Ready… Set… Go… And they’re off to the races for 2012. The Republicans went north. The Democrat went south.

Seven Republicans go head-to-head in New Hampshire tonight in the first major debate in the battle for their party’s presidential nomination.

The One they hope to unseat next year, President Barack Obama, sought a head start by talking jobs (he said the word 21 times) in the battleground state of North Carolina, before attending three back-to-back Miami fundraisers in fickle Florida.

from Environment Forum:

John Kerry has had it up to HERE with “The Flat Earth Caucus”

ISRAEL/You remember John Kerry, right? Tall, silver-haired, urbane enough to be accused of being French. But there's a feisty side to the senior senator from Massachusetts, and it was on display at a forum on energy and economic growth, where Kerry teed off on congressional Republicans and others who doubt the seriousness of the challenge of climate change.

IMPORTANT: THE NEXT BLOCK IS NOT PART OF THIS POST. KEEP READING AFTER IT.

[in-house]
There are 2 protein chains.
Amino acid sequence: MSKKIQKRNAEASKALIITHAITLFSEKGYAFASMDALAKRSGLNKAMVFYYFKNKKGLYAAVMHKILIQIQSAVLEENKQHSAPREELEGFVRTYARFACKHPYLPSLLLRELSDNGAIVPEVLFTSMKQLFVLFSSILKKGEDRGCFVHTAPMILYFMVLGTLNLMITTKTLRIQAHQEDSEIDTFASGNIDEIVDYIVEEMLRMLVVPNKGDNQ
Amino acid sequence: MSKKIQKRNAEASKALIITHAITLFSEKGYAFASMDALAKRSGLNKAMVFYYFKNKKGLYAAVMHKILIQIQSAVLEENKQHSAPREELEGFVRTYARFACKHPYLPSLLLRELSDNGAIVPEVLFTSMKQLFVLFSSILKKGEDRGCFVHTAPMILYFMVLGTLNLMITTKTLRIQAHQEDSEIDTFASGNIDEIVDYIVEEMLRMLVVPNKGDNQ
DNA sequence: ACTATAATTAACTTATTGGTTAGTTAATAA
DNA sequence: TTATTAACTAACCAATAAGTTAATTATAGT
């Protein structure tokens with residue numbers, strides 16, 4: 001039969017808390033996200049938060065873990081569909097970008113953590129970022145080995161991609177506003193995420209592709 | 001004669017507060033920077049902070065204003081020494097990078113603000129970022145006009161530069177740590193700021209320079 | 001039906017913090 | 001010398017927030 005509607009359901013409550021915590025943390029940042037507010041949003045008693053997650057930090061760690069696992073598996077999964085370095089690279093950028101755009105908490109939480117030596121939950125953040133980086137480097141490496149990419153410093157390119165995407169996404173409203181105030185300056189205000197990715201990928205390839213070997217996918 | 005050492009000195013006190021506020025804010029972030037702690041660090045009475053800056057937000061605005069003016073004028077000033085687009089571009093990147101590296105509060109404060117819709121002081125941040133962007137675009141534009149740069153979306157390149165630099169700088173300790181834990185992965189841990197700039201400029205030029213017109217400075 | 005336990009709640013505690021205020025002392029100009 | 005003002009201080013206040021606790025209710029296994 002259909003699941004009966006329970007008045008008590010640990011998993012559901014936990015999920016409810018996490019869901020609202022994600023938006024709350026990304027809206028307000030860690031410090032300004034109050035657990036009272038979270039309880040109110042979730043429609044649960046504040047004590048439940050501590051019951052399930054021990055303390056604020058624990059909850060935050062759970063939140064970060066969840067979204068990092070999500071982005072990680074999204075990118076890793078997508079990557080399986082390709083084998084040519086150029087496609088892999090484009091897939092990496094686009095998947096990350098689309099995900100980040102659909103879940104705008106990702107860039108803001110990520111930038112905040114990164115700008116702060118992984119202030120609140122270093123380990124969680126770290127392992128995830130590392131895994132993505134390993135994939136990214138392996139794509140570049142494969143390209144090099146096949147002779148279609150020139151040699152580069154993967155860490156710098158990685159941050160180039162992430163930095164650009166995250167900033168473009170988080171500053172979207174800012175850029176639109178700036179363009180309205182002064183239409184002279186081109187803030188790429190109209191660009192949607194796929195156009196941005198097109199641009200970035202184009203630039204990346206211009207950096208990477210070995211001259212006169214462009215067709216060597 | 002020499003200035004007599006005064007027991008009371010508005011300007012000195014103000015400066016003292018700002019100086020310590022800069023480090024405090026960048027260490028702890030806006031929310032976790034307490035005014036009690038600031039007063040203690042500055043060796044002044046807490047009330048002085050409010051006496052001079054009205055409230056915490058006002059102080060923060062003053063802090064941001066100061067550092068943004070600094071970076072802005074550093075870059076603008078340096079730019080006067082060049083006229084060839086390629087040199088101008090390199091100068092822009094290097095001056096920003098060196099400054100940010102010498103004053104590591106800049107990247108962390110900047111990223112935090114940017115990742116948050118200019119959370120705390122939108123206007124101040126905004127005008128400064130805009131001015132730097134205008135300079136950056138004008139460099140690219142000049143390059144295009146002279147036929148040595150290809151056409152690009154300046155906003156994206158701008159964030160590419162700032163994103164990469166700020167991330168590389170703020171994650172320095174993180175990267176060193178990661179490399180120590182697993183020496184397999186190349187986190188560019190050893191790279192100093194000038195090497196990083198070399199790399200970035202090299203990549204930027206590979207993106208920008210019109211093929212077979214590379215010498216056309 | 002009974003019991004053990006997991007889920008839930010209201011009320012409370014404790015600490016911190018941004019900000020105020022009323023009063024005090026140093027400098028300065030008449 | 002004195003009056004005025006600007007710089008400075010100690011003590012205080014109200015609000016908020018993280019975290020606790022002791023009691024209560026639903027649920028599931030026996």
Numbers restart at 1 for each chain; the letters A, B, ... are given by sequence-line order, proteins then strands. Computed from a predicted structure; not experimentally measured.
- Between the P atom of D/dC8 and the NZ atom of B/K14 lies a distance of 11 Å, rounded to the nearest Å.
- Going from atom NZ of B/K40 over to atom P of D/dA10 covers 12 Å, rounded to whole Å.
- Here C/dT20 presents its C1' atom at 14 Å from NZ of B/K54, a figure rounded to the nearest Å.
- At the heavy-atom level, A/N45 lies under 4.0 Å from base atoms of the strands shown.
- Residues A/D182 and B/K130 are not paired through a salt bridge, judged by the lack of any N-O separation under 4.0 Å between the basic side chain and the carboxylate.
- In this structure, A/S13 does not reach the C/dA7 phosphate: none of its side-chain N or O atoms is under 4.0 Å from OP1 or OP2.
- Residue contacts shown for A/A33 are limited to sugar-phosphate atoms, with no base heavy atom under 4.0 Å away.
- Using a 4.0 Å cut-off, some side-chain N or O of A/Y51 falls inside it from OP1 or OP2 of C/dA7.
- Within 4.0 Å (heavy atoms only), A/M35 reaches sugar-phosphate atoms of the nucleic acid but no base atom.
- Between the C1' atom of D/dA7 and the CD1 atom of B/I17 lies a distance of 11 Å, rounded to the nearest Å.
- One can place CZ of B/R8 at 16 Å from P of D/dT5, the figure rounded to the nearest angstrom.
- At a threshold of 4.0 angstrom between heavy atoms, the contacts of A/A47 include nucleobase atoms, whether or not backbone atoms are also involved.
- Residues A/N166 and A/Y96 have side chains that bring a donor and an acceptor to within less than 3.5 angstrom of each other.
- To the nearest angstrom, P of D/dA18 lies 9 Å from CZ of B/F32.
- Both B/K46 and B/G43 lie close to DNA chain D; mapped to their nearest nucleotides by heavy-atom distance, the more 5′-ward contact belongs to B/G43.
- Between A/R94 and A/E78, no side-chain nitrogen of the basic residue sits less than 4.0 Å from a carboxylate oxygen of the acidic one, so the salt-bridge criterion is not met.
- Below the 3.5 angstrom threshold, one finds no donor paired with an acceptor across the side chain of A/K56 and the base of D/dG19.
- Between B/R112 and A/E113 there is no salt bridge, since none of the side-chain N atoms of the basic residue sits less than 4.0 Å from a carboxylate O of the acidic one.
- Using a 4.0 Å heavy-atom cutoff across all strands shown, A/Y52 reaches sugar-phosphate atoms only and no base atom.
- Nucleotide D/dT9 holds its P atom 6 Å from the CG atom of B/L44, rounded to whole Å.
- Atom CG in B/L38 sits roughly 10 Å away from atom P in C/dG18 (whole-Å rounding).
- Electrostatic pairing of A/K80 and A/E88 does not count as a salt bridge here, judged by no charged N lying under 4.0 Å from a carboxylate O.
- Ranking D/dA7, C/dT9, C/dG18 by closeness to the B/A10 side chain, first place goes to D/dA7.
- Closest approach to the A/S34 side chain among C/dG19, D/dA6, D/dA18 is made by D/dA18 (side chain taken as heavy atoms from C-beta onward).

"After a while you get exasperated and jaded and frustrated about it all," Kerry told The New Republic forum at the National Press Club. "I've had it just about up to here with America's indifference to the realities of this crisis ... the United States is like an ostrich putting its head in the sand."

How do you feel about the U.S. political establishment, Senator Kerry? "I don't know what's happened to us in the body politic of this country where facts and science seem to be so easily shunted aside and disposed of in favor of simple sloganeering, pure ideology and little bromides of politics that are offered up, that offer no solution to anything but might get you through an election."

Washington Extra – Club CEO

At one point, business isn’t just about money.